This type of genetic blood condition affects the shape of the red blood cells your body produces. Healthy red blood cells are flexible and round, allowing them to move freely when delivering oxygen to the body. Sickle cell anemia causes red blood cells to be crescent shaped and rigid. That means they have trouble moving through the bloodstream. Sickle cell anemia commonly affects people of African American, Middle Eastern or Mediterranean heritage.

Treatments for anemia

Anemia is treatable and easy to manage. Depending on the type and severity of your anemia, your provider may recommend some of these treatments:

Lifestyle changes

Some forms of anemia can be managed by making changes to your diet. Your provider may recommend eating a balanced diet rich in iron, folate and vitamins B12 and C. 

“Foods high in vitamin C can help you absorb iron better,” Dr. Policht says.

Not sure where to start? Incorporate foods like:

  • Red meat, fish and poultry
  • Dark, leafy greens
  • Cruciferous veggies like broccoli and brussels sprouts
  • Beans and legumes
  • Iron-fortified breads and cereals
  • Dairy products
  • Citrus fruit
  • Berries
  • Eggs
  • Colorful peppers

If you're vegetarian or vegan, your healthcare provider may recommend seeing a nutritionist. They can help find dietary changes that work for you.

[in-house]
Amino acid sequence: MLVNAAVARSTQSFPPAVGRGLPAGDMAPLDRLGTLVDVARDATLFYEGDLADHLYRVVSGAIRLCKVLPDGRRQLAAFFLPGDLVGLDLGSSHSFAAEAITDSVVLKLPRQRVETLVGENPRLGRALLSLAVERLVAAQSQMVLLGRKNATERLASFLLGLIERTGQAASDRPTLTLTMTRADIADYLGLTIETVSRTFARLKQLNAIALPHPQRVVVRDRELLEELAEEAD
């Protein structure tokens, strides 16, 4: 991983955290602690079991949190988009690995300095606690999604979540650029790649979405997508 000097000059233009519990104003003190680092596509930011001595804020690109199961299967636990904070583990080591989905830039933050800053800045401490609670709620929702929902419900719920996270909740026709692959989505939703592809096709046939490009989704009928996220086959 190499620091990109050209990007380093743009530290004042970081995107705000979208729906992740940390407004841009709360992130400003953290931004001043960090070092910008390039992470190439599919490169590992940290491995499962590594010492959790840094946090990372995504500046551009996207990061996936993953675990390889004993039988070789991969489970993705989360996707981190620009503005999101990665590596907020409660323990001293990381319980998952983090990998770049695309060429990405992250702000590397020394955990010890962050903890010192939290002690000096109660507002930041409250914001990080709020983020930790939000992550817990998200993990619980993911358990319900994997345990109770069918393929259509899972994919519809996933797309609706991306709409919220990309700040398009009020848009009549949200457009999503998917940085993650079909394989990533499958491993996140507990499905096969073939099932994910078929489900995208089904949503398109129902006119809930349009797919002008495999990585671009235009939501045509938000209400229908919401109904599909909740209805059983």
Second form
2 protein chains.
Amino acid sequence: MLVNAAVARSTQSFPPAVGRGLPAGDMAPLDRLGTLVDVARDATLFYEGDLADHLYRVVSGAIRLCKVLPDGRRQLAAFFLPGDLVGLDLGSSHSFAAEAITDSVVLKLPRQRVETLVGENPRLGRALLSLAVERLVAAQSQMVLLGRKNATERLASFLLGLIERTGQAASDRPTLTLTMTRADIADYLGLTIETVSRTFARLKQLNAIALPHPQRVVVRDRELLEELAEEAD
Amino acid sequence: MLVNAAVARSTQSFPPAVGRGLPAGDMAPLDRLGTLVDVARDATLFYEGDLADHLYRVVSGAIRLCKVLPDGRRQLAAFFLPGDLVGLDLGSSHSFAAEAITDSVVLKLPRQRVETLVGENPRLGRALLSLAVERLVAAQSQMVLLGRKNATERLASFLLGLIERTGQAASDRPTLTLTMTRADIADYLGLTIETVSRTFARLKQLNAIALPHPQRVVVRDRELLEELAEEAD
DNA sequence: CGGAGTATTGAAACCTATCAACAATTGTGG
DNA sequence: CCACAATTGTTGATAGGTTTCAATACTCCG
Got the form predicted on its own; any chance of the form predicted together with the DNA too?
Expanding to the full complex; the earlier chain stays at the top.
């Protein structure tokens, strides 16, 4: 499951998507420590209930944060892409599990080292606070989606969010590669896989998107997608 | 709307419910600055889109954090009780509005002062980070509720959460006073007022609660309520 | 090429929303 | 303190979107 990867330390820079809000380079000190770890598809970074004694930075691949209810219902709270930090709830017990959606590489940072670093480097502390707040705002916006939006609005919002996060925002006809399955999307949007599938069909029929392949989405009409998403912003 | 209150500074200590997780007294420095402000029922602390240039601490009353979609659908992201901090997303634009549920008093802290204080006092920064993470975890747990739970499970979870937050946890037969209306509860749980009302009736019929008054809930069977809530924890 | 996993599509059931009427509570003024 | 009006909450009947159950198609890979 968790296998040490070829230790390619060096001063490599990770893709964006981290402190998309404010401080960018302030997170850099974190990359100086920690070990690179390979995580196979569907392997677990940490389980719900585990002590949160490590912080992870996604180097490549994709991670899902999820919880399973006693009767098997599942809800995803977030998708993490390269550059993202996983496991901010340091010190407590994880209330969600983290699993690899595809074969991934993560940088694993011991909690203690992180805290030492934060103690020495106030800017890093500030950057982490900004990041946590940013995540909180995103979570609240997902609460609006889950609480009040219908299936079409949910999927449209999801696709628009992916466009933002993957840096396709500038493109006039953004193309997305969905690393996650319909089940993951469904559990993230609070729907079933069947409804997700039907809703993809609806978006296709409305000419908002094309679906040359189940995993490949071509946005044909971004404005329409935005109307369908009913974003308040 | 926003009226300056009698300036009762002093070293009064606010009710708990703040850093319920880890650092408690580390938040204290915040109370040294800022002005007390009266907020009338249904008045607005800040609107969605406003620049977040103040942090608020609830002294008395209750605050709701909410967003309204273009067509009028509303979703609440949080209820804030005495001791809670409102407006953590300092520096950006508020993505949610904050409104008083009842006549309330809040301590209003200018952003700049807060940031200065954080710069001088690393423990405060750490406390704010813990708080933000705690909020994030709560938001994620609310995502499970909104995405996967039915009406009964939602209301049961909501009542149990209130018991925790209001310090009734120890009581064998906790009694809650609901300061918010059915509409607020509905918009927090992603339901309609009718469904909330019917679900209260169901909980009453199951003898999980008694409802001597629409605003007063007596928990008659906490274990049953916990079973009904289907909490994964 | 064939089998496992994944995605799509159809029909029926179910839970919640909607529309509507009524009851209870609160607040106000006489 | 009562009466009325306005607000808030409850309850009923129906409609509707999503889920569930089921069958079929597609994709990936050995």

Other lifestyle changes Dr. Policht recommends are quitting smoking, exercising and reducing your caffeine intake.

Supplemental iron

One of the most common ways to increase iron levels is by taking an iron supplement. Look for a supplement that contains ferrous sulfate. Your provider may recommend a prescription iron supplement or an over-the counter one. Supplements come in a few forms, including:

  • Capsules
  • Tablets
  • Liquid

If your anemia is severe, your provider may recommend iron infusions to build up iron stores.

Vitamin B12 supplements

If you have vitamin-deficiency anemia, your provider may recommend adding supplemental B12. These can take the form of pills or injections. “Supplements can help raise levels of B12 in your body, which can increase iron levels,” Dr. Policht says. 

Blood transfusion

Depending on the type and severity of your anemia, your provider may order a blood transfusion. Transfusions can restore healthy red blood cell levels. 

During a blood transfusion, you receive a blood donation through an IV. You may need a single transfusion. Or you may need more over time.

Bone marrow transplant

Certain types of anemia, especially aplastic anemia, respond best to bone marrow transplants. During this procedure, your old bone marrow is replaced with new donor marrow. “A bone marrow or stem call transplant is used for aplastic anemia that hasn’t responded to other treatments,” says Dr. Policht.

Getting you back to you

If you suspect you have anemia, start by making an appointment with your provider.

If you have anemia, they’ll work with you to find the right treatment. And finding the right treatment helps you feel more like yourself again.

Next steps: 

Learn about primary care at Geisinger
Feel dizzy when you stand up? Here’s why
Find the right treatment for restless legs syndrome